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Sales & Tech Support: 231-935-4044

TTL-Analog Photodetector User Guide

EOT  TTL-ANALOG PHOTODETECTOR USER’S GUIDE

Thank you for purchasing your TTL-Analog Photodetector from EOT. This user’s guide will help answer any questions you may have regarding the safe use and optimal operation of your TTL-Analog Photodetector.

 

TABLE OF CONTENTS

 

I.  ​TTL-Analog Photodetector Overview

II. Operation of your EOT TTL-Analog Photodetector

III. Timing and Sensitivity Considerations

IV. Troubleshooting

V. Drawings: TTL-Analog Photodetectors

VI. Specifications: TTL-Analog Photodetectors

VII. Schematics: TTL-Analog Photodetectors

VIII. Warranty Statement and Repair

IX. Glossary of Terms

I. TTL-Analog Photodetector Overview

EOT’s Photodetectors with TTL Output are based off our standard detectors with the added feature of a two-state output with an adjustable threshold. Thus, the Analog Output exhibits performance characteristics on par with our standard products that share the same core part number. Figure 1 below identifies the main elements of your TTL Photodetector.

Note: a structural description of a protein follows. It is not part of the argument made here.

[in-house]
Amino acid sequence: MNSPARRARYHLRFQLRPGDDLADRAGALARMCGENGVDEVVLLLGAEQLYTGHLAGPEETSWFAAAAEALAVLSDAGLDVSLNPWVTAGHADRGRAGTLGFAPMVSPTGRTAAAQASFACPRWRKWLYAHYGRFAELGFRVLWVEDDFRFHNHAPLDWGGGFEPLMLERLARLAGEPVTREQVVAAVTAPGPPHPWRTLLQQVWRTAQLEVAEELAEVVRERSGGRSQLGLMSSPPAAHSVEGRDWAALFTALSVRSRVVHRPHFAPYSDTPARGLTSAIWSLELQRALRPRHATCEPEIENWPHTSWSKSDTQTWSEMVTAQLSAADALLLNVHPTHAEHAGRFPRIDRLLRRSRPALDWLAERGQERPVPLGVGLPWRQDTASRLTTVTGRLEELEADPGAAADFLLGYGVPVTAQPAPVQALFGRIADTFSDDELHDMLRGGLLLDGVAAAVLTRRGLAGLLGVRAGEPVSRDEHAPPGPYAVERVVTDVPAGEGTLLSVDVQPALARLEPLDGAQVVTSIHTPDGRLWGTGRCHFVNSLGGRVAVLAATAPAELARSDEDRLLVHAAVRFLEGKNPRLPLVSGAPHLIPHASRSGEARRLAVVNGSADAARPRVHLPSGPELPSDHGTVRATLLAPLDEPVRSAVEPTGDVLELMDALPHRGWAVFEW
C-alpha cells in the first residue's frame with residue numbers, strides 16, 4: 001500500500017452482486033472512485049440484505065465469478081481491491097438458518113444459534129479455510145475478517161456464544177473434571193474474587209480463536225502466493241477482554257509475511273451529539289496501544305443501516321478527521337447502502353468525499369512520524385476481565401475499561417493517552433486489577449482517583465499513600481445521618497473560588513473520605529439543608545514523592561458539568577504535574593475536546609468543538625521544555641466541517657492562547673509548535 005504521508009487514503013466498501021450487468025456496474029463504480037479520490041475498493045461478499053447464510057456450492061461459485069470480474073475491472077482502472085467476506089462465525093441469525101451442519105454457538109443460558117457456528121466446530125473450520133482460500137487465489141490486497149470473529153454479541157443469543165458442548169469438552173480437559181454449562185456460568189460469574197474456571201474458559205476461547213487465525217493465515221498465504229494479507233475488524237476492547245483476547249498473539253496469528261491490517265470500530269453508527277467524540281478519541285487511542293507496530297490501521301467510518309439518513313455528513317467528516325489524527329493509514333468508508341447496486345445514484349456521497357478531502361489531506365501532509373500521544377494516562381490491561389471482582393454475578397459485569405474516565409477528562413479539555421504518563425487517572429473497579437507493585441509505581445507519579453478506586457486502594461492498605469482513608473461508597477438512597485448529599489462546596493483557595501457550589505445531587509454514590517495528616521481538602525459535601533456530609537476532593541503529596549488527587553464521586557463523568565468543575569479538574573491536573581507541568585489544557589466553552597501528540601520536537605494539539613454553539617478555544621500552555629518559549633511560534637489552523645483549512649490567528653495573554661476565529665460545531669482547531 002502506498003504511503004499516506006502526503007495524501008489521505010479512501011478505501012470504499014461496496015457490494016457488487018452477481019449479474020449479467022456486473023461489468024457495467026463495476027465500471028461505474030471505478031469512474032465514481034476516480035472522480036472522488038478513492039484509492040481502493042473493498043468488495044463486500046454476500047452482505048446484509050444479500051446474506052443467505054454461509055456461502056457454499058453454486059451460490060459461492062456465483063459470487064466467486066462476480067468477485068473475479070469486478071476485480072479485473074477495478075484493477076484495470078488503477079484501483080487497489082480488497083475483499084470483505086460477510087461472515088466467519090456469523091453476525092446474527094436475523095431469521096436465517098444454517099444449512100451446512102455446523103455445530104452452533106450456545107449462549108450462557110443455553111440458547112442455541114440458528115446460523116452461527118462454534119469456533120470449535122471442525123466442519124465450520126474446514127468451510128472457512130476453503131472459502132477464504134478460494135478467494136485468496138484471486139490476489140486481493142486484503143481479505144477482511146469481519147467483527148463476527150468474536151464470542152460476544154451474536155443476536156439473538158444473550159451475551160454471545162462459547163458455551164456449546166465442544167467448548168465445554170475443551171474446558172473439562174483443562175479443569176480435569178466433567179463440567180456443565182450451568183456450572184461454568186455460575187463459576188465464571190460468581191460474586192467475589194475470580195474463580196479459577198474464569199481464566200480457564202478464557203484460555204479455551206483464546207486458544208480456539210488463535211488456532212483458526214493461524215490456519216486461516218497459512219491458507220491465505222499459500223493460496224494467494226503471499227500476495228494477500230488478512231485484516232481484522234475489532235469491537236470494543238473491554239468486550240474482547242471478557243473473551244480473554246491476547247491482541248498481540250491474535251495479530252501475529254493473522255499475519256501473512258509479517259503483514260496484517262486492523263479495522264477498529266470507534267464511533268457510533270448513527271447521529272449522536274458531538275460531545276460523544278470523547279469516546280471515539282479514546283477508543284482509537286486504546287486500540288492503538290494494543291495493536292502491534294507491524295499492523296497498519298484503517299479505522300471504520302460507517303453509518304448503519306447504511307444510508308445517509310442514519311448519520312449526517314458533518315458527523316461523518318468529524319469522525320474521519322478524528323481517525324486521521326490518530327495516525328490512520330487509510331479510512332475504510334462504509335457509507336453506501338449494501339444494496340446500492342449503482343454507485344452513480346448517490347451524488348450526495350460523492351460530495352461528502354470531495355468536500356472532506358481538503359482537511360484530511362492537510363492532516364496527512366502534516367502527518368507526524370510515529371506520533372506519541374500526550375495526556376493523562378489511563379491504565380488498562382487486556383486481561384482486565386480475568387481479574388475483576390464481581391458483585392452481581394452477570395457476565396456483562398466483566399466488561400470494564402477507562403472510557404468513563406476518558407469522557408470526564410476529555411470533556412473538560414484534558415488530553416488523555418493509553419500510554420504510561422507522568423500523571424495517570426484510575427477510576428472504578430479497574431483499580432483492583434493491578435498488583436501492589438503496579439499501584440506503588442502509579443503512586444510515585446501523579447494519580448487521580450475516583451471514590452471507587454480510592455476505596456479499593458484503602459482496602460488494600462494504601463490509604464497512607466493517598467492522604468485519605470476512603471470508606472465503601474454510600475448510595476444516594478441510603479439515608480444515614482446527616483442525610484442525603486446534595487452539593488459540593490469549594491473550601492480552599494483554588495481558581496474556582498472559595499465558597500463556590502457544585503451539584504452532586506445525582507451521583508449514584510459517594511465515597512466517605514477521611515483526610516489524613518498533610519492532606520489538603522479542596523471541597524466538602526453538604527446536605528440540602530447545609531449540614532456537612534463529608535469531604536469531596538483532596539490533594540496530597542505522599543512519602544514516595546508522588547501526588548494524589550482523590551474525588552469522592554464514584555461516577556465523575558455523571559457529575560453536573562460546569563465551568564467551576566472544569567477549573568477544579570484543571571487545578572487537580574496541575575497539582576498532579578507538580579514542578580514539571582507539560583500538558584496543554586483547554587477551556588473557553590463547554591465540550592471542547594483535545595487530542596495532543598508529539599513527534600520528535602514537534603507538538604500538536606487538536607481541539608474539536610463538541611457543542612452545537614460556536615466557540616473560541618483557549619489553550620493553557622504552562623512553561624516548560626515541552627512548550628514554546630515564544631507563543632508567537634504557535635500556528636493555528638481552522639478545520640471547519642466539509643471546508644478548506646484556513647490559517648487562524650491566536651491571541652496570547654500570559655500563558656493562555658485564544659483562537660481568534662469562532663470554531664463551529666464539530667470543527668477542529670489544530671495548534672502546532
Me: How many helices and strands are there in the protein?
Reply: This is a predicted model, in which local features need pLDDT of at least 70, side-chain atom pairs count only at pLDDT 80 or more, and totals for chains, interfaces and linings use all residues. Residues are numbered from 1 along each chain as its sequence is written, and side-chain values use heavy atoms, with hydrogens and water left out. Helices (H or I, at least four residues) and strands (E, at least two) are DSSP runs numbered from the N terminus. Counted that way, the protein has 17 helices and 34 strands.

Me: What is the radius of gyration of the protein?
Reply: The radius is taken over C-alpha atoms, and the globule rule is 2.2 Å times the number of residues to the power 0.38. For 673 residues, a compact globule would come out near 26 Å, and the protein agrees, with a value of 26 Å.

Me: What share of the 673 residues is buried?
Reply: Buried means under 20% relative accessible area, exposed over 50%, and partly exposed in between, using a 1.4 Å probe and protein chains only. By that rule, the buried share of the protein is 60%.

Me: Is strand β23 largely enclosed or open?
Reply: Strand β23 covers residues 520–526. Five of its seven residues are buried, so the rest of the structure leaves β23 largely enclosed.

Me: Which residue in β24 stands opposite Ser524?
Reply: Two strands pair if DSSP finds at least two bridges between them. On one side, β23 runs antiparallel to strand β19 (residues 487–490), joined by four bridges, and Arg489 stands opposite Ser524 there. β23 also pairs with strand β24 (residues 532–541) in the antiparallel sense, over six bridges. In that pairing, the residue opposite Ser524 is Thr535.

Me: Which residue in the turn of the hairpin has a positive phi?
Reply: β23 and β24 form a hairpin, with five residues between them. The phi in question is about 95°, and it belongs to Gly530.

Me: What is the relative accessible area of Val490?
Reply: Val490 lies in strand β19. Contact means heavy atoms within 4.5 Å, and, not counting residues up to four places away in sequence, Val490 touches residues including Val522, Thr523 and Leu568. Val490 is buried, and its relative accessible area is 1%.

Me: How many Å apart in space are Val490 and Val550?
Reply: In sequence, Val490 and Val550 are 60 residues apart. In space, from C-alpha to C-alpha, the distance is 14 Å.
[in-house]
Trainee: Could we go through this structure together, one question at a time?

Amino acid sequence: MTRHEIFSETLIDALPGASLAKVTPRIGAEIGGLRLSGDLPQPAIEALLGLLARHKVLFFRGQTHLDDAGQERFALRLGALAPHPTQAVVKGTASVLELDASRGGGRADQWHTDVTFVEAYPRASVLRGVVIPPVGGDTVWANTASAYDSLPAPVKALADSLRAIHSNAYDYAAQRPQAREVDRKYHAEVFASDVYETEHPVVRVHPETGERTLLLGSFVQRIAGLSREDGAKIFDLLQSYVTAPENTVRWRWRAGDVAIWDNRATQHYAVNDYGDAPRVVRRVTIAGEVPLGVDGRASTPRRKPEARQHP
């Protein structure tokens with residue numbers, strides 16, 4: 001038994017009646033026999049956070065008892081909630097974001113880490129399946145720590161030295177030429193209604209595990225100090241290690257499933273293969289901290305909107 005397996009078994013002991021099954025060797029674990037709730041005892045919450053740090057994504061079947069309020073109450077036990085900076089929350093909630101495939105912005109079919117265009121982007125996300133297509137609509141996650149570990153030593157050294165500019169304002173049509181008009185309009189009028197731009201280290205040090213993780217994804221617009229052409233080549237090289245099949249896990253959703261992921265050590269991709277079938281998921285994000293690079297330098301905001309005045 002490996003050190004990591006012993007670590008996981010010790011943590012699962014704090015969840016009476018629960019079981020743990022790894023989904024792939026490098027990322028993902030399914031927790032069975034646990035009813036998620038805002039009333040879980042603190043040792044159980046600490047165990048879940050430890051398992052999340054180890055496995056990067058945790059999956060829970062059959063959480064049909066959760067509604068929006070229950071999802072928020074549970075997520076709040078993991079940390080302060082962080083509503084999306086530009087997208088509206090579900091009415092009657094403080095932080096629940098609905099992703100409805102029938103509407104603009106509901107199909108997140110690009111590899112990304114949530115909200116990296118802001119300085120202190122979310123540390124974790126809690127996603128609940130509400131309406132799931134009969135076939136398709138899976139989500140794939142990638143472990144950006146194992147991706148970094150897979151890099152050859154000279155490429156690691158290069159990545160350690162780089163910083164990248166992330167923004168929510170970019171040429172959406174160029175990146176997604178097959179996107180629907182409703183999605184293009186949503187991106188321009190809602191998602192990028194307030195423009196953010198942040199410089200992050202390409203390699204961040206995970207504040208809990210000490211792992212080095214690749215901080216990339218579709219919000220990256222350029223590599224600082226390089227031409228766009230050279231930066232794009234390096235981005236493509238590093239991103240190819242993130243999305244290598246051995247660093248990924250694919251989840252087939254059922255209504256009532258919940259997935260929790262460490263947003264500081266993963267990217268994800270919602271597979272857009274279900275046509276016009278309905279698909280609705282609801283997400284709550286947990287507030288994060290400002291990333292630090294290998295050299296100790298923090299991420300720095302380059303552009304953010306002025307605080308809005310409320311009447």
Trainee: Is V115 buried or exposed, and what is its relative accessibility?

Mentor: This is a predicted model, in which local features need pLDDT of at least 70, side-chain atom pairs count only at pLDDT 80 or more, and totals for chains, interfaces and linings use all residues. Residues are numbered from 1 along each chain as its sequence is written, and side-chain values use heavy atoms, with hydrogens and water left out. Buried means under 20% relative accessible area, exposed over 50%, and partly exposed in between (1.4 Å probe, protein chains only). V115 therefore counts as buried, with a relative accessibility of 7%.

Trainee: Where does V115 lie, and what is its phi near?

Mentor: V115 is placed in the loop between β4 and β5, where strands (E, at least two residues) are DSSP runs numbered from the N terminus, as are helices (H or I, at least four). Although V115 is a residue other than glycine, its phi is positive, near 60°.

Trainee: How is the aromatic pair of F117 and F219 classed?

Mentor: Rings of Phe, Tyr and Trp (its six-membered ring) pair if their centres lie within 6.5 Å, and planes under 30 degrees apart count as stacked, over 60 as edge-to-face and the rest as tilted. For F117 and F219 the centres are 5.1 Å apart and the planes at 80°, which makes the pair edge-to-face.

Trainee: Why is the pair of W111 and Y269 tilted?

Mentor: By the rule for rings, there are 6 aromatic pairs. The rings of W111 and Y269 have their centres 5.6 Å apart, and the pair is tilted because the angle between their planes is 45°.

II. Operation of your EOT TTL-Analog Photodetector

  1. Caution: Eye safety precautions must be followed when utilizing any equipment used in the vicinity of laser beams. Laser beams may reflect from the surface of the detector or the optical mount and caution must be exercised.
  1. Mount the detector to an optical stand by the mounting holes on the bottom of the detector housing. Both English and Metric threads are provided. The holes can be reversed if desired by reinstalling the baseplate, reversed.
  1. Terminate the detector’s Analog Output into 50Ω. Use 50Ω coaxial cable as required on the Analog and TTL Outputs. The specified performance will only be realized if the cable is less than 1 meter and the termination impedance on the TTL Output is ≤ 500Ω.